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  1. #1
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    My first firearms related accident

    I am normally an extremely meticulous reloader. I have been reloading no less than 15 years and probably longer than that. What happened here is the brass was home-formed brass made out of 223/5.56. The case walls (which became the neck) were too thick but after forming you could drop the empty case in a chamber gauge and it would look fine. Once a bullet was seated though it was too thick and would not fully chamber. It was basically an out of battery detonation. It was out of battery just enough to where the bolt was not locked so when it went off it jammed the bolt into the carrier and split it.

    In no less than 15 years of reloading all the time this is my first accident. Not cool.

    It took me about 4 hours to remove the bolt and carrier from the upper. I broke everything down into pieces including removing the barrel (for inspection purposes) and it appears like this bolt carrier group is the only casualty here.
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  2. #2
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    Sorry to hear man. Glad you're ok.

  3. #3
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    Thanks. No digits lost. First accident in at least 15 probably more like 20 years of reloading. It was bound to happen but ammo wise it was from something hard to detect until it was too late.

  4. #4
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    Yikes. Glad you are ok.

    So, what do we learn from this? How do you check for and prevent this from happening again? Measuring neck thickness?

  5. #5
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    Quote Originally Posted by BoilerUp View Post
    Yikes. Glad you are ok.

    So, what do we learn from this? How do you check for and prevent this from happening again? Measuring neck thickness?
    Either to neck turn each piece or to buy commercially produced brass. A or B. Dropping every single round every time into a case gauge is possible but it has it's downsides as well.

    Neck turning sounds like a lot of work but once I get a couple thousand pieces it will last me for a while. I will have to check on the prices of commercial brass but odds are I will just go that route.

    I'm broke but not so broke that I am willing to risk another blow up. I like reloading but I like it for the sake of doing it. Saving money is another thing all together. 300 Blackout is still a very new round to me for the most part and I was operating under my standard safety protocols which have worked good for a long time already. Bad components are a whole other animal though.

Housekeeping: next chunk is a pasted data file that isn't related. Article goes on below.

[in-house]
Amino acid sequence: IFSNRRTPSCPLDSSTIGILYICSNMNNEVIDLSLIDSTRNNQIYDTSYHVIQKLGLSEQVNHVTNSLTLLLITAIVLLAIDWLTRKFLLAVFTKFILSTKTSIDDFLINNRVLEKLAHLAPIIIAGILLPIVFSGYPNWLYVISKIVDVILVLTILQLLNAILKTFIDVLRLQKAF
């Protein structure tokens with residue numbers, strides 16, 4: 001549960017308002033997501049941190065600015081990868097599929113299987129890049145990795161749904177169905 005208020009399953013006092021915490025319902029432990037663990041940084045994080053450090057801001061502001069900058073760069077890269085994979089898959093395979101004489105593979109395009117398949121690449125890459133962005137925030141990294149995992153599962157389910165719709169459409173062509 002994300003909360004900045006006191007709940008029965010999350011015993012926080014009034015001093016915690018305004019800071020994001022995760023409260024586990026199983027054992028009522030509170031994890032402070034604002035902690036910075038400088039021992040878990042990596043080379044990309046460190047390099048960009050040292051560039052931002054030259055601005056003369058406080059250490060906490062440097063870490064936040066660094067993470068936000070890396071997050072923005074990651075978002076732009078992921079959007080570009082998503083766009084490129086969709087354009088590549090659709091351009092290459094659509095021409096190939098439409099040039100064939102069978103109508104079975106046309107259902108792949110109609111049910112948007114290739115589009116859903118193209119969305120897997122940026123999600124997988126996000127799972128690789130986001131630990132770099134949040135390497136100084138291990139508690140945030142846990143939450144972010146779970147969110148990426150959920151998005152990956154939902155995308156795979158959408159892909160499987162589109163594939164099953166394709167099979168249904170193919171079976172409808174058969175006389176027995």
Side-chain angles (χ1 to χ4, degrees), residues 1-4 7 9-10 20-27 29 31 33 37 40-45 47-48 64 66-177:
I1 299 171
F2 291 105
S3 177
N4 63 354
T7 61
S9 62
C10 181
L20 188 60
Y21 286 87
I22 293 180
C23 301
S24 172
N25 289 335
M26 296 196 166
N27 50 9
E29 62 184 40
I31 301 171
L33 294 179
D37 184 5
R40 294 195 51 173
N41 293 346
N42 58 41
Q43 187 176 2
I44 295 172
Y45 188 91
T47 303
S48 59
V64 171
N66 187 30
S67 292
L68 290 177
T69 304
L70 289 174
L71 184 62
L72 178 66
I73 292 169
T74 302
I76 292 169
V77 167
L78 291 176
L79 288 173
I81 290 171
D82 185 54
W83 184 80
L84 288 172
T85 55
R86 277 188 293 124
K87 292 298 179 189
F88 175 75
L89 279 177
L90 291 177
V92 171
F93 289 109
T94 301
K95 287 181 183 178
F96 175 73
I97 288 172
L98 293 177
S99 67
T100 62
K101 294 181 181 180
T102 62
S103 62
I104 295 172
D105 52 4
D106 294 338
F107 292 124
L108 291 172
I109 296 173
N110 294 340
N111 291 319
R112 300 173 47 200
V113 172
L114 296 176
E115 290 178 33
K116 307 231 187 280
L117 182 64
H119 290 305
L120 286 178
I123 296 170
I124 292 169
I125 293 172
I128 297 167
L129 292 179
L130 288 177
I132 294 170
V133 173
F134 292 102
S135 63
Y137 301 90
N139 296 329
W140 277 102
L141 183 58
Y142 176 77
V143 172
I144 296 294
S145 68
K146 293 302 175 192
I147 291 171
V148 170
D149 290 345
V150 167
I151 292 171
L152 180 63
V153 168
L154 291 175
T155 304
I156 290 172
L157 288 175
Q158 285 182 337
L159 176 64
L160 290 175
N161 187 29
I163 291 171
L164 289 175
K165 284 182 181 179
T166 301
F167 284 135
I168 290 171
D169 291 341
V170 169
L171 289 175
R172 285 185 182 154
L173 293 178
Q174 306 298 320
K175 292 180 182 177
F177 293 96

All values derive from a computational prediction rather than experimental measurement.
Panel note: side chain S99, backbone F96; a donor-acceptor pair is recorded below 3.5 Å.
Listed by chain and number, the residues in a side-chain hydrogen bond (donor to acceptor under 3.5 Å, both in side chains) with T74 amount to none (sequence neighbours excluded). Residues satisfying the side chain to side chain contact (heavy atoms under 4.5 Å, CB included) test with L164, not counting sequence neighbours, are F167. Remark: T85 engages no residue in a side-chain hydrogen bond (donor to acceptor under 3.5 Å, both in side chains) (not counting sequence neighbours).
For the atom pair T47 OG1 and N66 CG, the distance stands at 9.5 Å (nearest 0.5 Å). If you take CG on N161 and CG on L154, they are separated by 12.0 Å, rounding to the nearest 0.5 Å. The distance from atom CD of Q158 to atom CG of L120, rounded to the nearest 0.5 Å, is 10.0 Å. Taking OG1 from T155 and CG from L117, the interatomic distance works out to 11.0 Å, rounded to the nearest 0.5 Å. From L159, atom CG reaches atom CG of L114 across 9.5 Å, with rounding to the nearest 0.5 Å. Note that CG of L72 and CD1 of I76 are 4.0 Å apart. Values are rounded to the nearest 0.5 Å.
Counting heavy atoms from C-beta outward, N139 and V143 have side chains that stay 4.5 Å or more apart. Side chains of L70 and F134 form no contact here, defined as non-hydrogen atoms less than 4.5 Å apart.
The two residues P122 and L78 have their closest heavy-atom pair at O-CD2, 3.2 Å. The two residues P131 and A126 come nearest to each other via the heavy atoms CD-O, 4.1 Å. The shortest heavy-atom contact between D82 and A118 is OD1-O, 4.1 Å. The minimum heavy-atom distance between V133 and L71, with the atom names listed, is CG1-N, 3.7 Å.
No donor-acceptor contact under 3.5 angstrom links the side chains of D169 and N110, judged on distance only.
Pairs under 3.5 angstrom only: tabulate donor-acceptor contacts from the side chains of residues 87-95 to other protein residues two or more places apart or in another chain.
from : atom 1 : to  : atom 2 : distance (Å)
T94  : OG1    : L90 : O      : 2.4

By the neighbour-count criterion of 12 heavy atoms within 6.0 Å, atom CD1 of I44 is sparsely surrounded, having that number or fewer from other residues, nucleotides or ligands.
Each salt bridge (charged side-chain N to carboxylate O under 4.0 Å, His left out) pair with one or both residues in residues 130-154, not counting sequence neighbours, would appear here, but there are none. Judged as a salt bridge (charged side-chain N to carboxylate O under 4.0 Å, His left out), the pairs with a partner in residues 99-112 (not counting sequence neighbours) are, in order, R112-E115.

People said you can form your own brass, and yes that's true...but I learned the hard way that forming your own brass comes with a big fat asterisk.

  6. #6
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    It's not even a matter of being careful. I am extremely careful when I reload as noted by my fairly long (in my mind) track record without incident. Taking statements like "you can form your own brass" at face value is not absolute. And even checking each piece of brass before loading they pass. After loading not so much. And it only takes one problem to cause a major problem. I am fortunate that mine only cost me a bolt carrier group.

    All things said I am still kind of pissed about it. Not that it helps. I just have to take measures to prevent it from ever happening again. No matter what.

  7. #7
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    What bass was this?

    You donít run a case guage in batches? I always had it on the bench , check a handful here and then again 30 later or so..

    I always did and sorted comm. to military brass. Just to also take all I could out of the possibilities.

  8. #8
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    Quote Originally Posted by mustangfreek View Post
    What bass was this?

    You don’t run a case guage in batches? I always had it on the bench , check a handful here and then again 30 later or so..

    I always did and sorted comm. to military brass. Just to also take all I could out of the possibilities.